"Soon after Kathy got elected, I saw what she was doing and her interest in it. I thought to myself that it would be great to be a judge," said Judge Gilman, who delayed a decision because he was reluctant to spend a year of his life campaigning.
Realizing that their roles could bring up courthouse conflicts, Judge Gilman, a native of Brooklyn, N.Y., worked as a hearing officer in the Allegheny County court system when his wife became a judge.
"He didn't like practicing here when I was a judge," she said. "It's funny because people say 'isn't it a conflict for husband and wife to serve as judges?' But it was actually more of a conflict before." Then it could have appeared as though he was receiving preferential treatment from her judicial colleagues, she said.
"We needed to have separate domains," he said.
Since Judge Gilman's election, the couple has found themselves working in the same building but still largely apart.
"Here, we really have very little interaction," he said. "I've been in office for six months and we've only had lunch together three or four times."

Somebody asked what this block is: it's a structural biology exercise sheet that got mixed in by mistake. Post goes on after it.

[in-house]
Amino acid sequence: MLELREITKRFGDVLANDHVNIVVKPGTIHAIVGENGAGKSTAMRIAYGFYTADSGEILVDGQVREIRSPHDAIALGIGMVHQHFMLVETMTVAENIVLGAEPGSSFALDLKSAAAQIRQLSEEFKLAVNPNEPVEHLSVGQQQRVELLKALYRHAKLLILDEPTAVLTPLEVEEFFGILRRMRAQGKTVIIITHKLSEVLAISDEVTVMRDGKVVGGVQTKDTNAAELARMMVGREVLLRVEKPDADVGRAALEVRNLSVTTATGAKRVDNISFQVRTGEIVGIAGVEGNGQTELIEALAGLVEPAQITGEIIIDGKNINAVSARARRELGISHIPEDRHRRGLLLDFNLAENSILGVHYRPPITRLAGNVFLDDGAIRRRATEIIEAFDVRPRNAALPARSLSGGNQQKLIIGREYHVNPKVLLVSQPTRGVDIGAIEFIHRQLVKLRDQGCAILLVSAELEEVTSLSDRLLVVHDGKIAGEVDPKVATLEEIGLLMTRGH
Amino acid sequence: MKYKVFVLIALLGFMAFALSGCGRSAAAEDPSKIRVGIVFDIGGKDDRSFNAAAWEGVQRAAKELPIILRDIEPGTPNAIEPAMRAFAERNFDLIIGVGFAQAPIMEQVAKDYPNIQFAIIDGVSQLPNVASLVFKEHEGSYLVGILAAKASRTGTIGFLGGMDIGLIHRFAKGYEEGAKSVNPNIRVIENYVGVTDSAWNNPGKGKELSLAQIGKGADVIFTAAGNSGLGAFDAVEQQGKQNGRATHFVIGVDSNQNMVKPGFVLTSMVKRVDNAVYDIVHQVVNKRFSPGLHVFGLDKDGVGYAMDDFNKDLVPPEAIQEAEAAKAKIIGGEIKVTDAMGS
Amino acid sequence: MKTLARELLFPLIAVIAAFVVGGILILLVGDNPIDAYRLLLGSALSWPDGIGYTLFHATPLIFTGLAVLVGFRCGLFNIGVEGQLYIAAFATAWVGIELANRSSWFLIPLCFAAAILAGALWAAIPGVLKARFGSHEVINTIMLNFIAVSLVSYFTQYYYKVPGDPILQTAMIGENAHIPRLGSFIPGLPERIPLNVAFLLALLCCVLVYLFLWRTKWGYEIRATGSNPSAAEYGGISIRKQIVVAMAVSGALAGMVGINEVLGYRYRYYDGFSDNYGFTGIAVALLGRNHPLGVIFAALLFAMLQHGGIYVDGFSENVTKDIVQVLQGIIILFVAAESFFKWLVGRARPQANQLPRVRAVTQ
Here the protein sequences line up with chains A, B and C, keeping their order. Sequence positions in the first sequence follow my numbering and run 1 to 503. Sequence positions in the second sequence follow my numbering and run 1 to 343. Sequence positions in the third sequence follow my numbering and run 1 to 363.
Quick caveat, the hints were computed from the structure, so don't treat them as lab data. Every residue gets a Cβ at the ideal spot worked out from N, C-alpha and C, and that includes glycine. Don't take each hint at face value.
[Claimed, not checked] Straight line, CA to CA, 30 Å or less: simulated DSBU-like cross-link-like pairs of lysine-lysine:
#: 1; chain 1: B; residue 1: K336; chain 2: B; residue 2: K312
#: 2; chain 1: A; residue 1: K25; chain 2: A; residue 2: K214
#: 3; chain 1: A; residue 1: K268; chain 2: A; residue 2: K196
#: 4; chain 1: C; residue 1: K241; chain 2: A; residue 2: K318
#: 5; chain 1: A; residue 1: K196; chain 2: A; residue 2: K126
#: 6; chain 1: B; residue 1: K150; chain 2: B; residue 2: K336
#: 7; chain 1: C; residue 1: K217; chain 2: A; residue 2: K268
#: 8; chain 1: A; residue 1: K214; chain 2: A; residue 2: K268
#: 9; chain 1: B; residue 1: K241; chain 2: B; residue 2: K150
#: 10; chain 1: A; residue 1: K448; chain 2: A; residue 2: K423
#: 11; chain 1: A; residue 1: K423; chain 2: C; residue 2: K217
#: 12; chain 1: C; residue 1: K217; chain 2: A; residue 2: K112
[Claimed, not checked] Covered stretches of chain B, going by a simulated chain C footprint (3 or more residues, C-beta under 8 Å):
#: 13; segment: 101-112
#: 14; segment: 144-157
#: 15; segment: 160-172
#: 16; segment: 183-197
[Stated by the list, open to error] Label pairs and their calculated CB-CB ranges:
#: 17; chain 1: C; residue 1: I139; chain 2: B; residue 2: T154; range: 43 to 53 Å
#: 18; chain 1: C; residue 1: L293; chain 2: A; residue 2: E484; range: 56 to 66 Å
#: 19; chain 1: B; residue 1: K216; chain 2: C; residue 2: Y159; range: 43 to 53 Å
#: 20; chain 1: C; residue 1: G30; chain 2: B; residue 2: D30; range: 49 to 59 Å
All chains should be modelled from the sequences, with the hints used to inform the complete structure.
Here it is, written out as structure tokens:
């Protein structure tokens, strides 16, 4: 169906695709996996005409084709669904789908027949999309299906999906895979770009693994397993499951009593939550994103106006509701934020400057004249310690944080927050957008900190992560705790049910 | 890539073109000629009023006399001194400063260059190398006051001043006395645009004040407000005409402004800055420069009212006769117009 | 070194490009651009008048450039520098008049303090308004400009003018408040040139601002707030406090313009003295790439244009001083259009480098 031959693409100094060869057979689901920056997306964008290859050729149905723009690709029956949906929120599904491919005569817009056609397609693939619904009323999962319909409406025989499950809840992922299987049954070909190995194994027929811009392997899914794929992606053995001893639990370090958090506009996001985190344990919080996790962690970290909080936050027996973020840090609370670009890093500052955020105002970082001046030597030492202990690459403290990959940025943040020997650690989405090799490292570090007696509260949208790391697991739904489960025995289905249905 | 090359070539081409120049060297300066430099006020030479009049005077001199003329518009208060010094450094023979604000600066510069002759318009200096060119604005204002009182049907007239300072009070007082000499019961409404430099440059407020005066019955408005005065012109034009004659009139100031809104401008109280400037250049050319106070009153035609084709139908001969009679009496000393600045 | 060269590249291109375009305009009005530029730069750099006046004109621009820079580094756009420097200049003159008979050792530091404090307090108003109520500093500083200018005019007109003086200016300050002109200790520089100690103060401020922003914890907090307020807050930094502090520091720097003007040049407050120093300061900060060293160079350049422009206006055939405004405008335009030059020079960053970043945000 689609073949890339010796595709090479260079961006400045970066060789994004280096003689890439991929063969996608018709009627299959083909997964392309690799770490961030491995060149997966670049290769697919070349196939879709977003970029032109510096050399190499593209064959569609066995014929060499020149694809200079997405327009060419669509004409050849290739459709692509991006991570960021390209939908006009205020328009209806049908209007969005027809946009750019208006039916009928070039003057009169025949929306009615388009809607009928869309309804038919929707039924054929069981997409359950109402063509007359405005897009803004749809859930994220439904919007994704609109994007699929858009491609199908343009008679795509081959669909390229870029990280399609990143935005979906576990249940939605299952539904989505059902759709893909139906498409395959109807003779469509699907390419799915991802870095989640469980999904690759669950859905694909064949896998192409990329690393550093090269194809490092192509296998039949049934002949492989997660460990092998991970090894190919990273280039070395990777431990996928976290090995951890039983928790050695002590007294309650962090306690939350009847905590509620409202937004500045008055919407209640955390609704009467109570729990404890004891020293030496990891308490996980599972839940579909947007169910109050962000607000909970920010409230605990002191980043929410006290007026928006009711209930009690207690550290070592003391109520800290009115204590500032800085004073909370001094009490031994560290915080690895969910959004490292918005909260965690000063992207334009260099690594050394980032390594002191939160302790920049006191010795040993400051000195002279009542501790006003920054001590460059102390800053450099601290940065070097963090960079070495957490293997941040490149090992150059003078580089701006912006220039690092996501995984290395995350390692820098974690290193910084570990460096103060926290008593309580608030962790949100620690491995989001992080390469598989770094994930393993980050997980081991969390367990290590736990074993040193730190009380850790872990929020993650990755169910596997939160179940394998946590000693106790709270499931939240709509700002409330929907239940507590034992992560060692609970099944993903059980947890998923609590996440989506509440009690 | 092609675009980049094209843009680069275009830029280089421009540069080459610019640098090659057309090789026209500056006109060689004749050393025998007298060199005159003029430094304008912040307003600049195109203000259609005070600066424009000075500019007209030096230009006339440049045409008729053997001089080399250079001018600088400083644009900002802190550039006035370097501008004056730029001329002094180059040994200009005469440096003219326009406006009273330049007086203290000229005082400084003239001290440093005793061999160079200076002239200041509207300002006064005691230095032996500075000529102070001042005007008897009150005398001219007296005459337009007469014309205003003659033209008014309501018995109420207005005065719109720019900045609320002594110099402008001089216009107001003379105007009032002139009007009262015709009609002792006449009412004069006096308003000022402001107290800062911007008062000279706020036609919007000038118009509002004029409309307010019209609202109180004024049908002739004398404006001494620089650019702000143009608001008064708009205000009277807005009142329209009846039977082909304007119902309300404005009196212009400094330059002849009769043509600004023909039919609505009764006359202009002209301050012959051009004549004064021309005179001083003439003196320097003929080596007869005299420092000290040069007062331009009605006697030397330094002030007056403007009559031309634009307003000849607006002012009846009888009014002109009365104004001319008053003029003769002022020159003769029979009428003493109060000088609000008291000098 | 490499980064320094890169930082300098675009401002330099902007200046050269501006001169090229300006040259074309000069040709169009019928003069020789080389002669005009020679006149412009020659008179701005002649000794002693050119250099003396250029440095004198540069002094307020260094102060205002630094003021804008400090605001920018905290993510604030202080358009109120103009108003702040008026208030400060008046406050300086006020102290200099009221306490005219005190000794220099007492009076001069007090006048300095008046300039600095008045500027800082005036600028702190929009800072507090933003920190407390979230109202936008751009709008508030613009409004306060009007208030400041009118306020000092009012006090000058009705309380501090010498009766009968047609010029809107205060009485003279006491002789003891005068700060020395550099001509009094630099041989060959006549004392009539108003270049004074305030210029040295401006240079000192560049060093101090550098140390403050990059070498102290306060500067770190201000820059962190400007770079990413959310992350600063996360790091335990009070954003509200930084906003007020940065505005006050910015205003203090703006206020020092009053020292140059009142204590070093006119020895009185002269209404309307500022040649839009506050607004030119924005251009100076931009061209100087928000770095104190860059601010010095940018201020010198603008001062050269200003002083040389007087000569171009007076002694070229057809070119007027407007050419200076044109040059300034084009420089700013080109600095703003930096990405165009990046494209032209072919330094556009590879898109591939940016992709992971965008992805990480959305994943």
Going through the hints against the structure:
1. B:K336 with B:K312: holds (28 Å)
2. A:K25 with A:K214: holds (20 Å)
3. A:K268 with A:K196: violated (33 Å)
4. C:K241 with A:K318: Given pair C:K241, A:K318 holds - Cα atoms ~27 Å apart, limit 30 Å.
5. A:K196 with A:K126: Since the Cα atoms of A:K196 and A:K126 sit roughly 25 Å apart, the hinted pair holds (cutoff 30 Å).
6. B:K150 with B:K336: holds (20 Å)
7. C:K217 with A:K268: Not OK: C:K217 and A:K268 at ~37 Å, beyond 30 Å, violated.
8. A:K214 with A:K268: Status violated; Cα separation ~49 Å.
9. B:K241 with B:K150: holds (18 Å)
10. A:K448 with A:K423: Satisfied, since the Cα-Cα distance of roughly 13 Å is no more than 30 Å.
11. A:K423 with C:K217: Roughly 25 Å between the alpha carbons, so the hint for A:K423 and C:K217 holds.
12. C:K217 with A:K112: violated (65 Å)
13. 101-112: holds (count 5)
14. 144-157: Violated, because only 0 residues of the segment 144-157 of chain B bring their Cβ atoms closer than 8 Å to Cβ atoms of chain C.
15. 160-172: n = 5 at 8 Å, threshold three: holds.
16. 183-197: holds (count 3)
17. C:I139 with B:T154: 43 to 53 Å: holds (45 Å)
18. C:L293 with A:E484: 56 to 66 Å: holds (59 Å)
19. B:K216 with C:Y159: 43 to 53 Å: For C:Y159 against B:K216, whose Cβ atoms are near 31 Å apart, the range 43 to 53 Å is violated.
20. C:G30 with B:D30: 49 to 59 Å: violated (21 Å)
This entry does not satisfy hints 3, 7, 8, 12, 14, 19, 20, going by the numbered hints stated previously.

He is assigned to Family Court cases and she oversees Civil and Orphan's courts.
"I never see any judges," she said of her colleagues. "It's not like any of us work together."
"You have your own docket and manage your own courtroom," he said.
Peters Township school Director William Merrell used to screen his dates by bringing them home and watching the reaction of his dog.
"With all the animals that I've ever had, they've read people perfectly through my life," said Mr. Merrell, 61, who once declined a date with a woman whom the dog despised.
He met his wife -- then Monica Adams -- on an Internet dating site in 2002, after both had been divorced.
Mr. Merrell said he knew his wife was a keeper when the dog immediately placed her head in her lap.
"She was my ticket in," said Mrs. Merrell, 58, a Peters council member. "We were good buddies. She was a fabulous dog."